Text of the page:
The Fourth. Independence Day. July 4th… No matter what you call it, this day is a big one for the majority of us stateside. A day to BBQ and drink cold ones in the backyard. A day to reunite with friends and family. A day to swelter under the summer sun or refresh in the pool. While many might argue that the significance of this day has faded, most of us remain clear on what it recognizes (thanks in no small part to Hamilton, the heroic venture and brainchild of Lin Manuel Miranda): the signing of the Declaration of Independence in 1776 following years of discussions, negotiations and much bloodshed, through which the 13 colonies made it known that they would no longer subject themselves to British rule. A divorce of sorts, after which the colonies became the United States of Americas. Tea was tossed into the harbor and this was the final break. There could be no reconciliation after this declaration was signed and a copy sent by ship to King George III.
At least, that’s what we were taught as Americans who were schooled on U.S. history as kids and then again as teens in our junior year of high school. But what do Brits know about this date, besides the fact that it is (their words, not mine) another “Bank Holiday” (aka federal holiday) when offices are closed and Americans take off?
So we thought we’d have some fun with it, given that Propeller Group is, after all, a UK-founded PR agency with a U.S. division based out of New York, to share our perspectives on the significance of this separation, and dare we say it, the re-joining together to design and deliver epic PR programs for our B2B clients on both sides of the pond. How has the way July 4 has been communicated on both sides of the Atlantic framed our perceptions?
July 4th as an American
by Mary Cirincione, VP, U.S.
I will forever remember the phrase “no taxation without representation”—the phrase which led to the colonies’ separation from Britain and the Revolutionary War. As I learned things growing up—and admittedly, I have always been a bit of a history buff—had the King and Parliament agreed to greater representation for the U.S. colonies and loosened their tax grip, things would have never come to blows. But King George III wanted more and more from his 13 colonies and put import schemes in place which meant that the colonists had no option but to buy overpriced British goods. For instance, restrictions were firmly in place to block or reduce trade with France and Spain, and therefore ensure that British goods forever had the market cornered. Not exactly in line with what was to become American capitalism, but I digress. As I learned it, the Continental Congress which first descended upon Philadelphia in 1774 and which returned for the next few years, was an expression of last resort—a response to tyranny. They sent letter after letter, appealing for some sort of compromise, but Britain never gave an inch. The King refused to loosen his grip; refused to give the colonies a seat at his table and brought over more British soldiers to enforce his rule on the ground. American independence was never a given, but the result of a perfect storm created by British policy that forever changed the course of history.
4th of July as a Brit
by Ben Titchmarsh, Director of Partnerships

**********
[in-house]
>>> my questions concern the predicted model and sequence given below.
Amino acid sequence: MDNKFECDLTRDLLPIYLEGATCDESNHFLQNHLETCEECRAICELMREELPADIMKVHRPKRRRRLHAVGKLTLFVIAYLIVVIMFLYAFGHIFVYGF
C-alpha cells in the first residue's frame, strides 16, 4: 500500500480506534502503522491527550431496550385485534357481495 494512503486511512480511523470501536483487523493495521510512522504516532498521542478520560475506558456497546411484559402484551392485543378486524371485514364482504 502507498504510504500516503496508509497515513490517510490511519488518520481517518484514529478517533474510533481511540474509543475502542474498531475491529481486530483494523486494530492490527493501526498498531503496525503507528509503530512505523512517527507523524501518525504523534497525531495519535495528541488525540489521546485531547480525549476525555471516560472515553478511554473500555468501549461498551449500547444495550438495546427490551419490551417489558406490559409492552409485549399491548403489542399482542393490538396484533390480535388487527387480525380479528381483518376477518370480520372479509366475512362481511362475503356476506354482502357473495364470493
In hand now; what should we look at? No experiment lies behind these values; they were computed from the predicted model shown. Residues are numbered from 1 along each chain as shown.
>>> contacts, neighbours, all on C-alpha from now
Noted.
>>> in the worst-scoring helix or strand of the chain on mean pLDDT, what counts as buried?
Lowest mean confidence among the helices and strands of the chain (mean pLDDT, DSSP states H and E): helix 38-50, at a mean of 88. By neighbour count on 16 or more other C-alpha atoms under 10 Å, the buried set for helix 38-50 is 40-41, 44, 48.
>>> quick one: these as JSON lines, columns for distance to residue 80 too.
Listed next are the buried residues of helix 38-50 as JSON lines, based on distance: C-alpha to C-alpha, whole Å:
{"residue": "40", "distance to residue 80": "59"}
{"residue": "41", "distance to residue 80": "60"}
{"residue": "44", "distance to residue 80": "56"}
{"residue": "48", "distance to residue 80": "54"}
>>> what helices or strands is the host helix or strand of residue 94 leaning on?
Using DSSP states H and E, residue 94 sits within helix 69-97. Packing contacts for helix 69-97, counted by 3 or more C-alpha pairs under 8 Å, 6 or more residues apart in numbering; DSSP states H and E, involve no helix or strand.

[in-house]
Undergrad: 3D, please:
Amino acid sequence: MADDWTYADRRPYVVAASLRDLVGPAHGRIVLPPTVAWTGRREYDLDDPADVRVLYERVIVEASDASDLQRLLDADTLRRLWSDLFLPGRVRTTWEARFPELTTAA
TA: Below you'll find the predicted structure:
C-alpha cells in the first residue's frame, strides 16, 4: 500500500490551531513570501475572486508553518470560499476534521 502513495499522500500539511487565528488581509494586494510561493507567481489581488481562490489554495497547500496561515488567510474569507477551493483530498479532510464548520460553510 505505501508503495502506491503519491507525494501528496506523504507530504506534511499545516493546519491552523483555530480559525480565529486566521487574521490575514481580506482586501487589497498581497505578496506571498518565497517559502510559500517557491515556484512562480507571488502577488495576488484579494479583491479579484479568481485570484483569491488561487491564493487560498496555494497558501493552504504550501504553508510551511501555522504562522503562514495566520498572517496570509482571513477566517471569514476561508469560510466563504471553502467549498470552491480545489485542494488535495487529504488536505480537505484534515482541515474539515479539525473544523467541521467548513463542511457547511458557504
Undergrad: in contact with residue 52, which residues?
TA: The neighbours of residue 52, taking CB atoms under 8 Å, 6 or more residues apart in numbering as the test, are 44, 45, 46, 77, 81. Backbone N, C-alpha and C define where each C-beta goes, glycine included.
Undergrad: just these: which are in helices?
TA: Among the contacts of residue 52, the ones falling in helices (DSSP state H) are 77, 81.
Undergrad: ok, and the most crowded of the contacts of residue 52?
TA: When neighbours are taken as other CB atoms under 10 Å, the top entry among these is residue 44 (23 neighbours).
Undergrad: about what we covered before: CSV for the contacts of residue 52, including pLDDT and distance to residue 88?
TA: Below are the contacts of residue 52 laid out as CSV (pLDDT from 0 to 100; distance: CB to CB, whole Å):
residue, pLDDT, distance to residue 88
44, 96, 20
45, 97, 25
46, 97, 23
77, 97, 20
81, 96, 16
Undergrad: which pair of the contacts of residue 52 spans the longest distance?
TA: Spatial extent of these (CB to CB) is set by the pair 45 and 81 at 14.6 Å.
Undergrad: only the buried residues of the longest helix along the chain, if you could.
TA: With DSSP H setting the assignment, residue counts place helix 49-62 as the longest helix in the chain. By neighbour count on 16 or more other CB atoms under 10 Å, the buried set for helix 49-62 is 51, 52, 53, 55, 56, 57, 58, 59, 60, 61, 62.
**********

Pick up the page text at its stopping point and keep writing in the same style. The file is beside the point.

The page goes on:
(nervously clears throat) Before I go any further, I would like to caveat my requested views on this topic by saying I am not the poster boy for British imperialism. Growing up, my Scottish and Irish relatives would not mince their words when talking about the impact ‘the English’ had on Celtic countries. On that basis, I’m in no mood to defend King George III’s actions in what he regarded as ‘The New World’ and by all accounts he was definitely the sort of person you’d definitely consider a ‘trial separation’ from. So what’s perhaps more interesting is to reflect on how little July 4th, (or ‘4th of July’ as us Brits prefer to order calendar dates) is taught in UK schools. Winston Churchill famously said “History is Written by Victors” and when us Brits lose we seem to try and just forget what happened entirely.
I studied history at university and have been a nerd about history my entire life. Perhaps because the War of Independence doesn’t paint the British Isles in the best light, it’s actually quite instructive how little this particular historical epoch is covered in textbooks and higher educational establishments. It clearly wasn’t our finest hour by any stretch of the imagination, so when it is covered, it’s explored in the context of America’s rise to becoming a superpower and America’s founding ‘origin story’ which informs so much of the country’s civic life.
Since the end of the Second World War, successive British Prime Ministers and American Presidents have been at pains to describe ‘the special relationship’ between our two countries and working for what is increasingly an Anglo-American company, I can tell you we hope the feeling is still mutual. Yes, we’ve had our run ins and yes, you did waste an awful lot of perfectly good tea demonstrating in Boston in 1773. But British and American people have far more in common that unites us than divides us. On that basis I’m less interested in talking about colonial subjugation and more keen to talk about the 1960s British pop invasion. Instead of focusing on the Battle of Lexington and Concord, let’s bring back supersonic Concorde flights from London to New York. Instead of George Washington’s riverboat crossing of the Delaware, let’s cross the Atlantic and share that cold beer. This July 4th, I for one will raise a glass to American friends – and I hope when I’m next in the States your notoriously friendly immigration officers will smile and wave me through on arrival unimpeded “in the name of Her Majesty” as our British passports so bizarrely and anachronistically still put it. Enjoy the bank holiday chaps. There’s nothing wrong with a bit of independence right?!